SYDNEY • Billionaire Gina Rinehart and a minority Chinese partner have agreed to buy Australia's most iconic cattle company in a deal valued at about A$365 million (S$380 million).
Ms Rinehart's Hancock Prospecting and Shanghai Cred Real Estate Stock reached an accord to buy 100 per cent of S. Kidman & Co, the companies said in a statement on Sunday. The deal requires approval from Chinese regulators and Australia's Foreign Investment Review Board, which last year blocked the sale of Kidman to an overseas buyer on grounds of national security.
The quality of Kidman's herd and its stations "complement Hancock's existing northern cattle properties and align well with Ms Rinehart's plans to build a diversified cattle holding in Australia", Hancock chief executive officer Garry Korte said in the statement.
Founded in 1899 by so-called Cattle King Sidney Kidman, the firm's ranches span 101,000 sq km, or about 1.3 per cent of Australia's total land area, and carry about 185,000 cattle. The family-owned enterprise produces grass-fed beef for export to Japan, the United States and South-east Asia.
The sale of the cattle-ranching holding - about the size of South Korea - has sparked heated debate over whether key Australian agriculture land and assets should be sold to foreign interests. In April, the Australian government rejected an offer by a consortium headed by Shanghai Cred, Hunan Dakang and a minority 20 per cent Australian interest, the group's second rejection in six months.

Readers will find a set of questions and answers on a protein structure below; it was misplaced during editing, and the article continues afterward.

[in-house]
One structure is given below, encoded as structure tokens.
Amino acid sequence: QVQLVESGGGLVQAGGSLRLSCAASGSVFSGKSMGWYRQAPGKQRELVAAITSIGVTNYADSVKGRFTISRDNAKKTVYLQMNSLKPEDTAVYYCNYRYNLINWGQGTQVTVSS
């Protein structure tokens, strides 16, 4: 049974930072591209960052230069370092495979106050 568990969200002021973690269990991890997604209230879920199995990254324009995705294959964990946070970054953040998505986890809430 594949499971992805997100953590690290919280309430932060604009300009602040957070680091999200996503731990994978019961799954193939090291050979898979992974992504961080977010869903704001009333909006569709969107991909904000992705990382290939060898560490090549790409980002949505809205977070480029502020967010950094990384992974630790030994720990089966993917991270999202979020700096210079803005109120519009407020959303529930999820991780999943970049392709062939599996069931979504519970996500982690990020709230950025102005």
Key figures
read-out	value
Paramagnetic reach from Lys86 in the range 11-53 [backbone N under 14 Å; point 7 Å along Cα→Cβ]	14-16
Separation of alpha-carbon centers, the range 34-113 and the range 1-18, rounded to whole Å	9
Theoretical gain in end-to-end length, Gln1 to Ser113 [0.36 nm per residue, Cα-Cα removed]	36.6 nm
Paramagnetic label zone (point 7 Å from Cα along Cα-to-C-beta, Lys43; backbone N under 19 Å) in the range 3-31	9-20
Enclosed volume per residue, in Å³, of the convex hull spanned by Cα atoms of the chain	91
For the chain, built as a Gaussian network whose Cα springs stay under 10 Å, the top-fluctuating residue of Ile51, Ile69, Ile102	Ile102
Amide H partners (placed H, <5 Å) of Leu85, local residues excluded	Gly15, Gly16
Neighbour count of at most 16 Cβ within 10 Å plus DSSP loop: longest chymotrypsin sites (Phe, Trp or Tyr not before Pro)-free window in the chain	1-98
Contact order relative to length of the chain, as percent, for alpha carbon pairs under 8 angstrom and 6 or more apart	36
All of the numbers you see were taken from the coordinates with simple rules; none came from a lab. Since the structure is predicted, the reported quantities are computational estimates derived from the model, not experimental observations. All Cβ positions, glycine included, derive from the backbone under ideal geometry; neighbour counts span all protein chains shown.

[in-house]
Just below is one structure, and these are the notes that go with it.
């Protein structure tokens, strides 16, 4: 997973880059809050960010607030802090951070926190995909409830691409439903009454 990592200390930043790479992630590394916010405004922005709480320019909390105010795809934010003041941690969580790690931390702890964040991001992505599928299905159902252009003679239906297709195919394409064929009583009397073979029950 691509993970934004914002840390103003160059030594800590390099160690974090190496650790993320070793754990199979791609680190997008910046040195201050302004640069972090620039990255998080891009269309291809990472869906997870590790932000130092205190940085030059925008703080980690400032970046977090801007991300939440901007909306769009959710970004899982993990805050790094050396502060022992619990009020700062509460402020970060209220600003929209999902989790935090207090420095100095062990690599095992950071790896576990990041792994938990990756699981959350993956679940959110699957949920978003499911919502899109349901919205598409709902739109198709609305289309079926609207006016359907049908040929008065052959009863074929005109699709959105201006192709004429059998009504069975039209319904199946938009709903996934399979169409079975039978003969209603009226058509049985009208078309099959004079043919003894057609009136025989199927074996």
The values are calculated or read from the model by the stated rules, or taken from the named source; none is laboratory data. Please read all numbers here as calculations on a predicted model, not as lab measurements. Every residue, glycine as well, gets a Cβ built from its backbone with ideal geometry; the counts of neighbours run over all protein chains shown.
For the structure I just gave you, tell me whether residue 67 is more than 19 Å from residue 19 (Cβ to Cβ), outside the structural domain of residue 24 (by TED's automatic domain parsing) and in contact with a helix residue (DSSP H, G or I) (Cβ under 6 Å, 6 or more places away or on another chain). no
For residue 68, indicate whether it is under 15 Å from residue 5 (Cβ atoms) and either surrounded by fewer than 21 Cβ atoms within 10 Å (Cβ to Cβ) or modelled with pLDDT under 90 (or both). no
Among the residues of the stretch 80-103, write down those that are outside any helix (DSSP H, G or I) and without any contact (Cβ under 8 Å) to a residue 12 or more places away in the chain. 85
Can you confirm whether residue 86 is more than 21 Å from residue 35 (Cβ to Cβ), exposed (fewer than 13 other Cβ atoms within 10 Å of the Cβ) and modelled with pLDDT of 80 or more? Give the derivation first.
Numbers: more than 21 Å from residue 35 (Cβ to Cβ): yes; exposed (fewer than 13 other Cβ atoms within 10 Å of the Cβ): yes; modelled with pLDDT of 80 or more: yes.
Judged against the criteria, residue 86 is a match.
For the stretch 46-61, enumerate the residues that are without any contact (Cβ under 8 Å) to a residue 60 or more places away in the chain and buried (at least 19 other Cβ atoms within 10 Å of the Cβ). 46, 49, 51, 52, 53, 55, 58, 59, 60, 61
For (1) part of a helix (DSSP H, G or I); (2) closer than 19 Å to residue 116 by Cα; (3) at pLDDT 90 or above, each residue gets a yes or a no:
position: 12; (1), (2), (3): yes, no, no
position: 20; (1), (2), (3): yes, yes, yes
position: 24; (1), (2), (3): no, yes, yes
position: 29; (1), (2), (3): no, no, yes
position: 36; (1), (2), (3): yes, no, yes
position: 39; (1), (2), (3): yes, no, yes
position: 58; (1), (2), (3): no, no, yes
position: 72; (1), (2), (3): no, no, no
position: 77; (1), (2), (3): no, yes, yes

The sale of the large rural cattle-ranching holding - about the size of South Korea - has sparked heated debate over whether key Australian agriculture land and assets should be sold to foreign interests.
Under the deal announced on Sunday, Kidman would be bought by a venture called Australian Outback Beef, 67 per cent owned by Hancock and 33 per cent by Shanghai Cred.
The agreement is conditional on Kidman divesting the Anna Creek and the Peake stations to other Australian grazing interests, reducing the net price paid for the remaining Kidman ranches to about A$365 million.
Meanwhile, Australian company DomaCom pulled out of a fund-raising effort to buy S. Kidman, the country's largest private land holding, CEO Arthur Naoumidis told Reuters yesterday.
Previous S. Kidman bidders Hunan Dakang Pasture Farming and Australian Rural Capital (ARC) have decided not to launch a counter offer and are expected to follow DomaCom's exit from the bidding, a source at the Hunan and ARC consortium said.